Leptospirosis, or “Lepto”, is an infection (primarily of dogs) caused by a group of spiral bacteria called Leptospira. There are many different types (or “serovars”) of Lepto, including canicola and icterohaemorrhagiae (which were historically the most important ones) and newer types such as bratislava and grippotyphosa which have only recently been recognised as causing disease in dogs.
The bacteria are spread in urine - from infected dogs, foxes, cattle and, importantly, rats; they are also zoonotic (in other words, they can infect humans). Unfortunately, after infection, some dogs become carriers - they may appear healthy, but they are spreading the bacteria every time they go to the toilet.
Most dogs will have a high fever, but the disease can cause a wide range of other symptoms, depending on what organ system(s) are most badly affected:
In severe cases, the infection is fatal. Some dogs will seem to recover, and then have subsequent attacks (although these are usually milder than the original infection). Most dogs who survive will have some ongoing health problems afterwards, often for life; and they will often spread the bacteria for months even after they’ve recovered.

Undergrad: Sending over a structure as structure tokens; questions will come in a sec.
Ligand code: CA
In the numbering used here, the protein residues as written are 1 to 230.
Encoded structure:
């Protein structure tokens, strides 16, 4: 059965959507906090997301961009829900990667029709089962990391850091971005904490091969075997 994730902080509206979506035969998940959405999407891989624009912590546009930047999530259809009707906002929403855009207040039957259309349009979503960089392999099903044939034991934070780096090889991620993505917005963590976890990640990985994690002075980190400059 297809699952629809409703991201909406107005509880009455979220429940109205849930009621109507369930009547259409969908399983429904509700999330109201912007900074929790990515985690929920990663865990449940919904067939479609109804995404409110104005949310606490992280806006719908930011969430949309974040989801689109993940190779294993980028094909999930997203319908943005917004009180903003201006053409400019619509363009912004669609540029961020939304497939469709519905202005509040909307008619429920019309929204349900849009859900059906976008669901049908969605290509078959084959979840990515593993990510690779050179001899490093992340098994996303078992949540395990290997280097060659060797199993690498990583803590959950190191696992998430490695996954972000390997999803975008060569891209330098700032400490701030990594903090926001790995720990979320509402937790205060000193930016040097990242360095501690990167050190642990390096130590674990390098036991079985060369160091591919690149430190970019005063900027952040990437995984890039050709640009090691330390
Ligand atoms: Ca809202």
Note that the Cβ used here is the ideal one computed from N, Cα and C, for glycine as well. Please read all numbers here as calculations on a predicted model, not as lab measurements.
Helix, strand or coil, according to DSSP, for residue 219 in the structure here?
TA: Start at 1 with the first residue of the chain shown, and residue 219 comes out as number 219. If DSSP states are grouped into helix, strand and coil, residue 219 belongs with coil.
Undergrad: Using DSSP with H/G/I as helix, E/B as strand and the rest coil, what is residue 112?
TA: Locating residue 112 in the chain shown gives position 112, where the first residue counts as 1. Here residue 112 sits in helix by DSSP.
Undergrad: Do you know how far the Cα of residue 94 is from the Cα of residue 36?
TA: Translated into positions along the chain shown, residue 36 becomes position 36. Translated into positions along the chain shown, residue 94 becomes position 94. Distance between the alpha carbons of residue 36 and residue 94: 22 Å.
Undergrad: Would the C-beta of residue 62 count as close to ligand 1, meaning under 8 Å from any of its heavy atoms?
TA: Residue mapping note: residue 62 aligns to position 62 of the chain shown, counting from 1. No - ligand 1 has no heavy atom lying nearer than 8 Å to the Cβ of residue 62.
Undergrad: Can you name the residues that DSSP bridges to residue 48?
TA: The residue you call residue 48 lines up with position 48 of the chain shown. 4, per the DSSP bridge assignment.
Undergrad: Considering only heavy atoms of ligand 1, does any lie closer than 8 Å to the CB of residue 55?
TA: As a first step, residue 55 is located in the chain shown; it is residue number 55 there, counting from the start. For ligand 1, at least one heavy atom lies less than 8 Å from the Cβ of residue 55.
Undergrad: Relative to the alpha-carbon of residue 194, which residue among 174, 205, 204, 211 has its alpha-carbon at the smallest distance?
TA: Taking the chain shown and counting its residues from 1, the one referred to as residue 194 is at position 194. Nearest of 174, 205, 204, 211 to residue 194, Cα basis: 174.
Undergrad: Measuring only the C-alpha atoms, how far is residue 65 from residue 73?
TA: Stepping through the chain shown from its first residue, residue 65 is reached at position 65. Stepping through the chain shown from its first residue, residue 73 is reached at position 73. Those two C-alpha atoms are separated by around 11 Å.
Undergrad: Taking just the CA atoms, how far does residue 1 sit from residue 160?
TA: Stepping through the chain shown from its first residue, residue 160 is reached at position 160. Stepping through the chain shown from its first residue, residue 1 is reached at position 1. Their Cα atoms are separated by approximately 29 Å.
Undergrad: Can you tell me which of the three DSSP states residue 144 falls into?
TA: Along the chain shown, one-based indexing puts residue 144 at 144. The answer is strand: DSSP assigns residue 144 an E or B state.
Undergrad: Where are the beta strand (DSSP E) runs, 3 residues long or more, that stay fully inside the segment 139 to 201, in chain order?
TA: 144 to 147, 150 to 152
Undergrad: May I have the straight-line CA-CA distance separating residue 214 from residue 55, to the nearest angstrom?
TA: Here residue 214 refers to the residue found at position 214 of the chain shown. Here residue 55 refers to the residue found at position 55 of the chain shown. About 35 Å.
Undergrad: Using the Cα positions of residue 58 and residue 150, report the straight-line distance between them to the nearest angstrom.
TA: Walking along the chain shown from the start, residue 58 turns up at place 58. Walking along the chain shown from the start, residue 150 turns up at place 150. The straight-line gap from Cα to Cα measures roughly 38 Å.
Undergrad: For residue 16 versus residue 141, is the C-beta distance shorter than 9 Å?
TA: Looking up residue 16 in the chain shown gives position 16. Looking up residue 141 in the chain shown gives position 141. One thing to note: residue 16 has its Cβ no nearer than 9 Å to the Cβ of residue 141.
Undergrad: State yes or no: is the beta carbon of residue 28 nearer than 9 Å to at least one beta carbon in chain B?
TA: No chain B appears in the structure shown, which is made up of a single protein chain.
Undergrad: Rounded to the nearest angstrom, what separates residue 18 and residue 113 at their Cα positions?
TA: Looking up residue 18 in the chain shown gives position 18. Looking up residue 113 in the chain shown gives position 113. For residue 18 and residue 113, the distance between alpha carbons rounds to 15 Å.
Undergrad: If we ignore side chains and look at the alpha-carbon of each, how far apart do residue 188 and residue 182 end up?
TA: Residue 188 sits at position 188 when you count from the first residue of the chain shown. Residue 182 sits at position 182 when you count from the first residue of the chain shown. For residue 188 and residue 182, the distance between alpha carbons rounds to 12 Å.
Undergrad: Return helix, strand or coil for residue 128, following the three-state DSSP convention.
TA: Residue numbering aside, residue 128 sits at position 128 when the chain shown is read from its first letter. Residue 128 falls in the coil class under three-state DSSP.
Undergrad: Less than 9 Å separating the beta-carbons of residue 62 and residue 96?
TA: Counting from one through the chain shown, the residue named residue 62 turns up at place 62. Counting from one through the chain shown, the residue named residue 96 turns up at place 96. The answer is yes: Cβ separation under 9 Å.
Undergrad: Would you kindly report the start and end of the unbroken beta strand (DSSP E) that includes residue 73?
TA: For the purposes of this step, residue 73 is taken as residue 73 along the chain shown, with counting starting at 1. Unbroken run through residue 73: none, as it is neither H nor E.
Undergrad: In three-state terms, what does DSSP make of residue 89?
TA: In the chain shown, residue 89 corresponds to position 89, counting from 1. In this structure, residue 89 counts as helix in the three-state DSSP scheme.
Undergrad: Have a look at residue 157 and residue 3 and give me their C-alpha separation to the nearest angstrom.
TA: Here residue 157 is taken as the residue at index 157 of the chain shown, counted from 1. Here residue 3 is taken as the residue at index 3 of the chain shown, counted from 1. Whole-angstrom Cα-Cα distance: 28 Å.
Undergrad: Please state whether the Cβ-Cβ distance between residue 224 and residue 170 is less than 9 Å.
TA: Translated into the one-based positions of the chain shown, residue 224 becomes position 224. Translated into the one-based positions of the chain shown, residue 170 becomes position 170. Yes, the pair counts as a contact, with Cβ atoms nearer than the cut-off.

Diagnosing Lepto is often really difficult for us as vets - because there are so many possible symptoms, it can be hard to work out what’s going on. There are a number of different tests for the bacteria, but these can be difficult to interpret and sometimes require repeat testing.
The treatment is supportive care - infected dogs will usually be admitted to the hospital and go on a drip to keep their hydration and salt levels up; we’ll also give them powerful antibiotics to fight the infection, and medications to control the symptoms (e.g. anti-sickness drugs if they’re vomiting) and keep their kidneys working.
Fortunately, there are a number of Lepto vaccines available - prevention is much better than cure! The vaccines unfortunately cannot guarantee that your dog won’t get the disease - although it is much less likely - but a vaccinated dog has a much better chance of survival than an unvaccinated one. The Lepto vaccine is a normal component of your dog’s annual booster injections - unlike many other vaccines, though, it must be repeated every year.
There are some commercial tests that claim to tell whether your dog is protected by the vaccine or not - however, they are not considered reliable in most situations, because they can only measure one part of the immune system (the “humoral response”, or antibody production - not the “cell mediated” systems). Different vaccines are used in different practices, depending on the types of Lepto in the area, so if you’re worried, give us a ring and one of our vets will be able to advise you.